Malaysia seminar tackles challenges in online journalism
By Nini Cabaero (ACFJ Faculty)
Journalists from 21 countries discussed online journalism, including the model for a 21st century newsroom, in a seminar held in Malaysia last 17 to 19 August 2010.
The seminar, titled “Online Journalism: Chances and Challenges,” was organized by the Konrad Adenauer Stiftung, the Universiti Tunku Abdul Rahman (UTAR), the European Journalism Centre, and the Asian Center for Journalism at the Ateneo de Manila University. It was held at the UTAR campus in Petaling Jaya, Malaysia.
Participants were journalists from several Asian and European countries who exchanged ideas on how to build and keep an online community, the content and revenue models of selected independent online media, and the workflows for newsrooms for the 21st century.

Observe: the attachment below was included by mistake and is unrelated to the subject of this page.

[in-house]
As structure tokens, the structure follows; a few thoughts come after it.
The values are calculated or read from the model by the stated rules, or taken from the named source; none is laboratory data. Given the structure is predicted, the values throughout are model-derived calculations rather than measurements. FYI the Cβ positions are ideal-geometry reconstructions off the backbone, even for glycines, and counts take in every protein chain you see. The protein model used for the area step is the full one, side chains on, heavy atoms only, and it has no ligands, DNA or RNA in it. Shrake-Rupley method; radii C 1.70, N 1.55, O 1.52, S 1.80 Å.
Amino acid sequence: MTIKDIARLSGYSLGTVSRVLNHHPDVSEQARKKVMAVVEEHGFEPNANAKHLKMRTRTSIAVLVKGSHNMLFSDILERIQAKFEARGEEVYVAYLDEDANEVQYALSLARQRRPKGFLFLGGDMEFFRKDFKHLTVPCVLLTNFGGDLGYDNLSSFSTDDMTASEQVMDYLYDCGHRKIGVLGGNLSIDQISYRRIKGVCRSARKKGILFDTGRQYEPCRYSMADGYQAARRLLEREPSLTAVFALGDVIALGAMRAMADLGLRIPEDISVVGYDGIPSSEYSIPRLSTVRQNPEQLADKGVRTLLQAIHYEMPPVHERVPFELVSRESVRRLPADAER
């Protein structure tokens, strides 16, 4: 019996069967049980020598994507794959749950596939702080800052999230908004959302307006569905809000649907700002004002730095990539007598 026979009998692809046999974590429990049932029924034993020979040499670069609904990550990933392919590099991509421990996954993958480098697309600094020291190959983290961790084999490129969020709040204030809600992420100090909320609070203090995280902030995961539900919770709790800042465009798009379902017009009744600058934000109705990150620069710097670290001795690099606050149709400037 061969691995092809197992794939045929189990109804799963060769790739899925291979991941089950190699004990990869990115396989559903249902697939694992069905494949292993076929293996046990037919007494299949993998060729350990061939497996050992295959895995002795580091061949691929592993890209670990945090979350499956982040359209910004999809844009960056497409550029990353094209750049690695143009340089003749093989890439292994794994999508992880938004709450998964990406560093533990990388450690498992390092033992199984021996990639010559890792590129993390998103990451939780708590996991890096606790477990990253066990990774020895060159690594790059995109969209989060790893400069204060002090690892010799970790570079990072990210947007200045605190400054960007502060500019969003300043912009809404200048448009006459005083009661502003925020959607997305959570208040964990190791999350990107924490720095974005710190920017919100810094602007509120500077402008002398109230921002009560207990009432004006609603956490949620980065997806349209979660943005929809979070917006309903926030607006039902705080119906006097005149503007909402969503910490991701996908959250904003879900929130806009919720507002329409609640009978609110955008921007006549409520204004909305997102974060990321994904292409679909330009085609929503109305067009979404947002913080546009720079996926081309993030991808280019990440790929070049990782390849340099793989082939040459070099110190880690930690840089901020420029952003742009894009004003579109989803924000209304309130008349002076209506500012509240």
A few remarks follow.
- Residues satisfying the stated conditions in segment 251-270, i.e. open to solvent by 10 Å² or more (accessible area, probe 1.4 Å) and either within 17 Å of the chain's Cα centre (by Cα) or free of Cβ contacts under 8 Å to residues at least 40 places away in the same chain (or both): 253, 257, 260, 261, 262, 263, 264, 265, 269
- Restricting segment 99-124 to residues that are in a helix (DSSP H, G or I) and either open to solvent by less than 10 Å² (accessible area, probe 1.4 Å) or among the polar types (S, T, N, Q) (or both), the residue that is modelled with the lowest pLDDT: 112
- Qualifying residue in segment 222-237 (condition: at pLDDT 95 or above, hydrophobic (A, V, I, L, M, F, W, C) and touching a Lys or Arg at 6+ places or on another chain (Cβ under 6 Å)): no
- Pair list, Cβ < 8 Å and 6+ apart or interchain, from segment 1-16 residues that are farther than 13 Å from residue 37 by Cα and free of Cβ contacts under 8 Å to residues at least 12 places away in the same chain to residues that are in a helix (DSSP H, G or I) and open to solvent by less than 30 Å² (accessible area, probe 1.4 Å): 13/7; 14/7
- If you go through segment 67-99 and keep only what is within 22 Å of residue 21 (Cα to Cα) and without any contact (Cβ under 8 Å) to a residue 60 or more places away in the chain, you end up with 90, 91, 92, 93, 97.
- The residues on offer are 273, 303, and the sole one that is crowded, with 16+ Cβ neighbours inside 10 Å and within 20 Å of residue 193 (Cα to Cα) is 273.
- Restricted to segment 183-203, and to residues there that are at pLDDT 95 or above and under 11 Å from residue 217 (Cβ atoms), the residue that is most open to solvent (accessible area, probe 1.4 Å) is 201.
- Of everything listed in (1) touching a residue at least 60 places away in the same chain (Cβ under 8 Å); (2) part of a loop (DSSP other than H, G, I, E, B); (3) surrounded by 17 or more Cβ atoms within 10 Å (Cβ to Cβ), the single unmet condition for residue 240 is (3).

They discussed how online journalism contributes to improving public discourse in different settings and on how those without voice in mainstream media can have their advocacies promoted online.
Paul Bradshaw, reader in online journalism at the Birmingham City University, UK, said the model for the 21st century newsroom considers speed and depth in the production and distribution of information.
Speed can be attained through giving out mobile or e-mail alerts, posting to blogs, and publishing or broadcasting articles. Depth can be in the form of providing context to a story through hyperlinks, analysis or reflection, interactivity and customization of information through databases.
Bradshaw also writes for the Online Journalism Blog and is founder of the Help Me Investigate.com.
Other speakers discussed blogging and journalism, how to make a living from online journalism, how to protect ethics and quality in new media, and activism in the online sphere.